By 2000, Tunisia had averaged 6% growth rate for eight years and become, perhaps, the most rapidly industrializing nation in Africa. As the 21st century arrived, Tunisia was boasting of mechanical and electrical industries expanding at 7% per annum, textiles at 6%. “There is one scientific technician per 2,000 inhabitants of the country”, declared one government report, released in 2000, “a rate comparable more with an Asian tiger like Malaysia than any African country, with per capita income leapfrogging from $30 in 1956 to $3000 in 1998”. The report claimed that poverty levels had been crunched from 33% in 1967 to 6.2% in 1997. Life expectancy had risen from 50years in 1956 to 73years at the end of 2000. Infant mortality dropped from 60 to 30 per thousand in the same space of time, the report claimed.

The former president, who escaped to exile after angry crowds took over the capital, was working, in his own words, ‘to move Tunisia up from “emerging economy” status to “developed nation” status by 2008’.

It didn’t happen. The global economic crisis, among others, slammed the brakes on his ambition. At the end of 2009, GDP growth had slowed down to 3%. Tunisia had 13% of the work- force unemployed. Yet, in comparison with the rest of the continent, this percentage of people out of work wasn’t a dramatically high rate. Afterall, South Africa, the continent’s  engine room, has 25% of its workforce unemployed.

Tunisia’s inflation was also a modest 3.5% in 2009 and the population below poverty line by 2005, the latest that the World Bank could come up with, was 3.8%, a good figure, by African standards.  Despite the 3% GDP growth in 2009, Tunisia’s growth rate for the ten years between 1999 to 2009  averaged 5% per annum and its GNP/capita level was the third highest in Africa.

 “Tunisia is the best organized country in the Mahgreb’ the Swedish export trade council proclaimed in 2009, using data from the IMF and the CIA fact book. “It had the region’s highest development index”.

The biggest export industry is the mechanical sector, especially automotive components, which maintained a strong and steady growth averaging 20 % between 2004 and 2009. The textile and clothing industry sector is the largest employer of the manufacturing industries employing more than 200,000 persons. Tunisia is the 5th supplier of clothing of Europe, exporting trousers, jeans, business trousers, women lingerie, and work clothing, The food industry’s share of value added remained constant over the period between 2004 and 2009, representing 27% of the production. Exports of agro-food sector increased from 1 227 million dinars in 2004 to 1, 592 million dinars in 2008. Still, it was a tidal wave of angry youths, protesting rising food prices,  that forced Ali to resign and flee.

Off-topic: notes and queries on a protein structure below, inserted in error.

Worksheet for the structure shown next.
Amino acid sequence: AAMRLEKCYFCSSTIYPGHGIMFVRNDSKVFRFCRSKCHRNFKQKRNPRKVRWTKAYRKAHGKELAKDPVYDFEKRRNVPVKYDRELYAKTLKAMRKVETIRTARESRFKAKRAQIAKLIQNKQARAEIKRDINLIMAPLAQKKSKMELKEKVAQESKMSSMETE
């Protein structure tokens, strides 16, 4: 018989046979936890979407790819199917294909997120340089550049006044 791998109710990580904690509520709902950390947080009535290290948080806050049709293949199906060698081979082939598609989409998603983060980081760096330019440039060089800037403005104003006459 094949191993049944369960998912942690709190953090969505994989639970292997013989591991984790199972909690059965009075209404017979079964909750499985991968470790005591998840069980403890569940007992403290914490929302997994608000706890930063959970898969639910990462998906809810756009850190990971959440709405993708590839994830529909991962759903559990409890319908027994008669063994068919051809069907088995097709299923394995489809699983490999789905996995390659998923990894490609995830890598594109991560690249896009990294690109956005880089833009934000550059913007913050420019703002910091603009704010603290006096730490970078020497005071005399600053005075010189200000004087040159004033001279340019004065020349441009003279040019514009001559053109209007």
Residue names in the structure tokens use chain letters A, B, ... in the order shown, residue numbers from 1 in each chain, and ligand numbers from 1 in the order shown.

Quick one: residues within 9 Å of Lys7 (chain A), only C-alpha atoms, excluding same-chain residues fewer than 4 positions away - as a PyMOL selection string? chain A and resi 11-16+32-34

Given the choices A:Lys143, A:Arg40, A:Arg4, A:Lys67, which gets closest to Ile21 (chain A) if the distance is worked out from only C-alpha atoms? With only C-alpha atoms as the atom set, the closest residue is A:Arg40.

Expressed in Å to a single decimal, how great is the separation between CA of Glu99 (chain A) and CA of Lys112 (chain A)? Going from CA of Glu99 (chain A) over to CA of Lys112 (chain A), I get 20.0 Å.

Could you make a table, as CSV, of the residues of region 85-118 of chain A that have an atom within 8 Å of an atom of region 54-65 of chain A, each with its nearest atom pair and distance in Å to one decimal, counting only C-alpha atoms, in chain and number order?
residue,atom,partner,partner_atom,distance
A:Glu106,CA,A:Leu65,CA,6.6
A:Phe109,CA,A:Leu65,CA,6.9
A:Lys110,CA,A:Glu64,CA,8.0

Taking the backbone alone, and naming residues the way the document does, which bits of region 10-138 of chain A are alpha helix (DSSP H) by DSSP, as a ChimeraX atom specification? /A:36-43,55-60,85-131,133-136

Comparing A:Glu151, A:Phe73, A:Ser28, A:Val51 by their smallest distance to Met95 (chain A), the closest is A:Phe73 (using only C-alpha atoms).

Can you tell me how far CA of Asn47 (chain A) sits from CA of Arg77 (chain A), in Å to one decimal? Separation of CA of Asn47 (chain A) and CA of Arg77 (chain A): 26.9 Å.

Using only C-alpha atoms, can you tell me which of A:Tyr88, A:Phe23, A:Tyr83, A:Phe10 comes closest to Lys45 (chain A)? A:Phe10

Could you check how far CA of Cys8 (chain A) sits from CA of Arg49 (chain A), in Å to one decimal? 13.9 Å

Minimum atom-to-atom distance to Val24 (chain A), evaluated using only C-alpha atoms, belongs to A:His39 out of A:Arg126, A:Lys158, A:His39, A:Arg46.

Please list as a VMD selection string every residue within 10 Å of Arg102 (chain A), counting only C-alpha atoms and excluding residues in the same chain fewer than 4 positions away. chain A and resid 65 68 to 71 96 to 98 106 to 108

The overall media analysis of the crisis, which had left a hundred people dead, had expectedly focused, not on the economy, but on the politics, with the perception of corruption of Ben Ali’s immediate family being shown as one of the triggers of the mass riot that forced the president out of the palace.

Ben Ali came to power in 1987 after ousting Bourguiba, then president- for- life, in a coup. He installed himself as prime minister. He was elected president with 99% of the vote in the elections he conducted in 1989, two years after coming to power. Six opposition parties participate on this occasion. His party, the RCD, wins all 141 seats in the national assembly In 1994, Ben Ali again called for elections. He polled 99.9% of the vote in an election in which he was the only presidential candidate, drawing international condemnation. Five years later, in 1999, he again received 99.44% of the votes in the general election to win a third spell as the country’s most powerful person.

Three years later Ali amended Tunisia’s constitution to allow a president to stay in power until the age of 75 and be re-elected unlimited times. Two years after that he was re-elected once more, again receiving an unlikely 94.5% of the votes. Opposition party the Democratic Progressives withdrew two days before the vote) branding Tunisia’s political system “a masquerade of democracy”.

Mr Ben Ali has delivered one of Africa’s most robust economies in his twenty three year rule, but has been less than sensitive in handling the politics of his country. Tunisia has not been immune from the hardline Islamist influence threatening to sweep the Maghreb. Attacks from groups allied with Al Queda have grazed the security infrastructure in the last four years. In 2006 a dozen hardline lslamists were killed in shoot-outs with security forces in the capital, Tunis.

Yet the anger on the streets in the Tunis, with everything about the ousted president, including his economic achievements considered trash-able, allows the possibility of the emergence of a far right Islamic group which may not necessarily continue the progressive economic development.

Western Europe has been keen on trading with Tunisia, Europe’s northernmost neighbour, because of its openness to investors and, more crucially, its ability to rein in terrorist groups. As Tunisia expands the space for democracy, will its economic fortunes turn around?